Dagger in hand

A man of prodigious fortune, coming to add his opinion to some light discussion that was going on casually at his table, began precisely thus: "It can only be a liar or an ignoramus who will say otherwise than," and so on. Pursue that philosophical point, dagger in hand.

--Michel de Montaigne, Of the art of discussion.

Stab back: cmnewman99-at-yahoo.com


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Friday, June 21, 2002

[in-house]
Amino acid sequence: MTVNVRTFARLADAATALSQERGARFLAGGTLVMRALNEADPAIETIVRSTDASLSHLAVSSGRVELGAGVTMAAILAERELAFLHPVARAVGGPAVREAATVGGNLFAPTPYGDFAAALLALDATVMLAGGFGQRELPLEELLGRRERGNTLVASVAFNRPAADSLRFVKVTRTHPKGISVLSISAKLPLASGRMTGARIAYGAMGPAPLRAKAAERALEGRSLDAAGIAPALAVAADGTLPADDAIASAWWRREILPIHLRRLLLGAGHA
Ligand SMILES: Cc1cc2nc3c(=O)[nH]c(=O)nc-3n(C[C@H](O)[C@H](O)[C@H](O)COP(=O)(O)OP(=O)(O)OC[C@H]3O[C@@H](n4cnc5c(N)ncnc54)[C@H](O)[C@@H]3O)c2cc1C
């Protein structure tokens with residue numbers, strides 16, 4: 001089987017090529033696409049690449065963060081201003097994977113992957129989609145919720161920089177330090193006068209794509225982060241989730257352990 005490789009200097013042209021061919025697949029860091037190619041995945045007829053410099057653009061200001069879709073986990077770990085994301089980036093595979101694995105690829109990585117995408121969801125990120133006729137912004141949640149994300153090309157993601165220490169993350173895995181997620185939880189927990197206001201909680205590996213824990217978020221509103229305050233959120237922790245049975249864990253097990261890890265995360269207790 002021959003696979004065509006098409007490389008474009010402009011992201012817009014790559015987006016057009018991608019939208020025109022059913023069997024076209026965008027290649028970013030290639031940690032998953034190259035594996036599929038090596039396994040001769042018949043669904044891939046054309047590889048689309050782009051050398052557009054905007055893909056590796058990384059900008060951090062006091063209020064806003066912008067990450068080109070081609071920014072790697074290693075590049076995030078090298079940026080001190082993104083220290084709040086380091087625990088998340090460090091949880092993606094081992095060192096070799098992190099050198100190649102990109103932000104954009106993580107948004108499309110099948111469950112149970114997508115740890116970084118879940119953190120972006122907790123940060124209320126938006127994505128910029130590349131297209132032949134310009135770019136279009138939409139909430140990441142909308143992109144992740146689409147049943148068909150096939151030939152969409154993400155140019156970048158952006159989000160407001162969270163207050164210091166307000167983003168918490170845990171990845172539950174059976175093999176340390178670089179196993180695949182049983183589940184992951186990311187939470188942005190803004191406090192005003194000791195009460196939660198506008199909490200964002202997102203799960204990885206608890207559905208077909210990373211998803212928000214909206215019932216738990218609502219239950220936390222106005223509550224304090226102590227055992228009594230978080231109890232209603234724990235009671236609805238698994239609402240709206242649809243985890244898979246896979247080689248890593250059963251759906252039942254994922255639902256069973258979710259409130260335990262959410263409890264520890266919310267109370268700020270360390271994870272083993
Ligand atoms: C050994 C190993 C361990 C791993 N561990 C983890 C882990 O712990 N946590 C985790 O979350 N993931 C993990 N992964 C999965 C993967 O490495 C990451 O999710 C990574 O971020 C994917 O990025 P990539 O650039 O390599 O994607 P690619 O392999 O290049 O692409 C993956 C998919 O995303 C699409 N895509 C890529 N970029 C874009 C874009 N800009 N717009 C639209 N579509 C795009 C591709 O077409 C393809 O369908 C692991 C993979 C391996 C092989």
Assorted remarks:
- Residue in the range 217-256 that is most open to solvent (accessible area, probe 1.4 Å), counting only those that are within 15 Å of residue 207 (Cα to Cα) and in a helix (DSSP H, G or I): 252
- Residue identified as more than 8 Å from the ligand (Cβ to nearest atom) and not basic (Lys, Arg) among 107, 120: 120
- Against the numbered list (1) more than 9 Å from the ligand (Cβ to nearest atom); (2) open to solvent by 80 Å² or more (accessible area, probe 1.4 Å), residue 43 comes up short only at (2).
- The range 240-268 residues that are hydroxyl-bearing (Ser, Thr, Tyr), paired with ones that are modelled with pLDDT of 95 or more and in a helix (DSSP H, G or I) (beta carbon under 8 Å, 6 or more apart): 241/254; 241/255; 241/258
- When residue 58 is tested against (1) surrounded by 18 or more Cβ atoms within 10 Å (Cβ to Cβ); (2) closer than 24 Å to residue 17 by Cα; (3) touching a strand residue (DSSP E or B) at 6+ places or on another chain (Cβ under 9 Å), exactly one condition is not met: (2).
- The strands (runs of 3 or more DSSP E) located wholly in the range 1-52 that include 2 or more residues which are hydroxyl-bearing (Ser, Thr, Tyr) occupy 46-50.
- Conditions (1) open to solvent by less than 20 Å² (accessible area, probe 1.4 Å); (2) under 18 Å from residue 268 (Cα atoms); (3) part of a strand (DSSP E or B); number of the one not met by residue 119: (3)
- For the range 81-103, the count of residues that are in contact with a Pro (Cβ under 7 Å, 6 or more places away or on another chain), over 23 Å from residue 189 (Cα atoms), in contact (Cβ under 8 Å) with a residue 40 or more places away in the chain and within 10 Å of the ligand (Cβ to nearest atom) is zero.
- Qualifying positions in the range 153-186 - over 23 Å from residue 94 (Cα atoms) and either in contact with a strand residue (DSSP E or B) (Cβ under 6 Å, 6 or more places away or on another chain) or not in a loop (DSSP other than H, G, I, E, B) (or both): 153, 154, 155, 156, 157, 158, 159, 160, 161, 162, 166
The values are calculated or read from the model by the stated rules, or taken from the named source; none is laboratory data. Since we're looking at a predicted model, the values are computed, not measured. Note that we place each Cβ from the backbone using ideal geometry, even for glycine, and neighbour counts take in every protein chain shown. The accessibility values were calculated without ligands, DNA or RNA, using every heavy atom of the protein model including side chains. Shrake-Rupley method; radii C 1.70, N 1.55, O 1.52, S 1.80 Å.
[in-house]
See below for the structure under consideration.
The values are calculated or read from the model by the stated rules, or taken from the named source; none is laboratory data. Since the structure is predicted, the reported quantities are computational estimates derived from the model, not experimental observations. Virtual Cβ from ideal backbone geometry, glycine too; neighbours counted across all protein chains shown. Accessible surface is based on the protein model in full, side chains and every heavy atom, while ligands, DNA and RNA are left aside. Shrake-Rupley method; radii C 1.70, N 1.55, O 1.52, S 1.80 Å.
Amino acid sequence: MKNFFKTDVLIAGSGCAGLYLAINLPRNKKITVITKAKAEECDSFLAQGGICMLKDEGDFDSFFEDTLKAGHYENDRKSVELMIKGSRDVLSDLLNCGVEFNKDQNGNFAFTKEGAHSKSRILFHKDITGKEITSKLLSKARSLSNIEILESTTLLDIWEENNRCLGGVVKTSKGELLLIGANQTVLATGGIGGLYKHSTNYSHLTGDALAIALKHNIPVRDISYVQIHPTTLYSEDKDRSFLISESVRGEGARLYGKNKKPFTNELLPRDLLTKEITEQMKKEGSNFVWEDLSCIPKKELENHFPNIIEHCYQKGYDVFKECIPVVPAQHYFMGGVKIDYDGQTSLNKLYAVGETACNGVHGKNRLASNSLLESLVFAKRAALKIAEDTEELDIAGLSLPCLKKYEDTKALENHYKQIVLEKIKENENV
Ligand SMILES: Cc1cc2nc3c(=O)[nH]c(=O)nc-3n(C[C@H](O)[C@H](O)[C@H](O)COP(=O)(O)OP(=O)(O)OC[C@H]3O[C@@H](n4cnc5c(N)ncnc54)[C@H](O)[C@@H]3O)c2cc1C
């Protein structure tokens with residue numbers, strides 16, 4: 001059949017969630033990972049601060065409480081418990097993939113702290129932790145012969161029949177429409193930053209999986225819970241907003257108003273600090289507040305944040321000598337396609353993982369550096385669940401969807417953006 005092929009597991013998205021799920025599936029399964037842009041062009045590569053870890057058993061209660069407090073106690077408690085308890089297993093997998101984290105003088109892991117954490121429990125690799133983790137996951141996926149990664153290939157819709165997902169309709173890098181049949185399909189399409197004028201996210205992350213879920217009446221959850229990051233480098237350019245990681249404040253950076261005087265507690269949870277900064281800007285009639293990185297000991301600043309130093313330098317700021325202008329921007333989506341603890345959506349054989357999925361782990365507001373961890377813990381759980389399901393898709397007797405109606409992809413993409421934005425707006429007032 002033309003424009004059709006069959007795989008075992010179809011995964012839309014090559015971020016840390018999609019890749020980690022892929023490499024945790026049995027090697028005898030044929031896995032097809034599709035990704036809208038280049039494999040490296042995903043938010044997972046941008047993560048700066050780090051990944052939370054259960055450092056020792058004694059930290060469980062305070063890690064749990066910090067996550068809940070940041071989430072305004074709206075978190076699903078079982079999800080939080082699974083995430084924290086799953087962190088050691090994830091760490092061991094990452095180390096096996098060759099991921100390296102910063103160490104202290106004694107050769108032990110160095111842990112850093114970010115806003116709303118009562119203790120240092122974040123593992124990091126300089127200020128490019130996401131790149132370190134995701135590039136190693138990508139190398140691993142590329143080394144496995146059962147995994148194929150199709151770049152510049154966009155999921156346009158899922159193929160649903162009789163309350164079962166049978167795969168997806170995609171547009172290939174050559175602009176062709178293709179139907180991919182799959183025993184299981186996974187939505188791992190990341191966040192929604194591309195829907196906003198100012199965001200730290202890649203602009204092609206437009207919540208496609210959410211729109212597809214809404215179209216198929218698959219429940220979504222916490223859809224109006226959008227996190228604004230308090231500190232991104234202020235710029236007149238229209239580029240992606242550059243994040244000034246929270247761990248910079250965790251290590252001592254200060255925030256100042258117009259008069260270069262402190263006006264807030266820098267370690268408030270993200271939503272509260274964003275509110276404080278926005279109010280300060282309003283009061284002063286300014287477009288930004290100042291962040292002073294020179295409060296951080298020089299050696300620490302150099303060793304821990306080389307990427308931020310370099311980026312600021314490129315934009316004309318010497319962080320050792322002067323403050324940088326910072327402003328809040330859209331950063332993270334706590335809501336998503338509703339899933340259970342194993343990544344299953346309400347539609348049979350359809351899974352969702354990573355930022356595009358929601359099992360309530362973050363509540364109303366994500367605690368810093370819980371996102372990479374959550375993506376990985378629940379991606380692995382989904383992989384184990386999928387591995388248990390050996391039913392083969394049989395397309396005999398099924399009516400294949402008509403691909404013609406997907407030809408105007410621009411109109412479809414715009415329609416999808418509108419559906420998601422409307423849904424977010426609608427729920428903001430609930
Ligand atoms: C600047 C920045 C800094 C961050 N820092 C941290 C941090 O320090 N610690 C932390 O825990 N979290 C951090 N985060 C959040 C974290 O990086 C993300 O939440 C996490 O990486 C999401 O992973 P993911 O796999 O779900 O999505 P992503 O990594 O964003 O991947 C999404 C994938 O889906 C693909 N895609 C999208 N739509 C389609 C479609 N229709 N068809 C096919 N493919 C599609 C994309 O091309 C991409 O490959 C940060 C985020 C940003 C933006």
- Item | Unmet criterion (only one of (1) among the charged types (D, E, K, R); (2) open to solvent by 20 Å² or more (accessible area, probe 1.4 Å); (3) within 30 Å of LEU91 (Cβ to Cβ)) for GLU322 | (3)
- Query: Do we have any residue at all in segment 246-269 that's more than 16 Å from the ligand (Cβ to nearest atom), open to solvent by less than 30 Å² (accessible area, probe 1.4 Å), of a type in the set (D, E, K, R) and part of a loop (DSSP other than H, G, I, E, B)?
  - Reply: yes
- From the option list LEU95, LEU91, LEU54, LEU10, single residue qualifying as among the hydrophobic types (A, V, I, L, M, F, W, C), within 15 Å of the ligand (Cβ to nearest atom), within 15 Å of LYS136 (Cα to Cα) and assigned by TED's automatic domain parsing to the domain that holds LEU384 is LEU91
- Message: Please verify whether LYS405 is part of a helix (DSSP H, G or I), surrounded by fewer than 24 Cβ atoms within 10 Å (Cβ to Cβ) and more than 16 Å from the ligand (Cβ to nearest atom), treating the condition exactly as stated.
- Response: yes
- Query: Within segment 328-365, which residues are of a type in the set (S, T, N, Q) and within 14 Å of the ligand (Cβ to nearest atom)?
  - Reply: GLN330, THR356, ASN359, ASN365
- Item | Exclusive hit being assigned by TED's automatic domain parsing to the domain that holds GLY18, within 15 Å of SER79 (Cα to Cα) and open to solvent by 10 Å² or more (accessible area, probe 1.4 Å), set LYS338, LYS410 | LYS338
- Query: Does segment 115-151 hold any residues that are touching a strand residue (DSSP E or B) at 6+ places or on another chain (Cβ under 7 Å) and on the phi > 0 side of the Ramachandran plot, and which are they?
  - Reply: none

They proved that there was no fluke, that they were worthy to be on the field with Germany and give them a run for their money. Pace Den Beste, Germany didn't crush them at all. They were too busy defending against our attacks. Geopolitically, maybe this was the best of all worlds: we did just well enough to earn the world's respect but not its hatred. (Of course, that's not what I was saying while cheering them on.) And we won't whine about that missed hands call, especially since Mexico regards it as divine justice at work. But something occurred to me while watching. Europeans like to sneer at us when we say we don't like soccer because the scores are too low. The childish Americans, who understand only quantity and not nuance. But there is something good about games with higher scores: the margin of error isn't as likely to be outcome determinative. Yes, there's still always the chance of a Bush v. Gore or Lakers v. Kings, but most of the time it's not so close that a controversial penalty call can make or break the game. When the margin of victory is so often one measley point on the other hand, the subjectivity of the rulings assumes a huge role.

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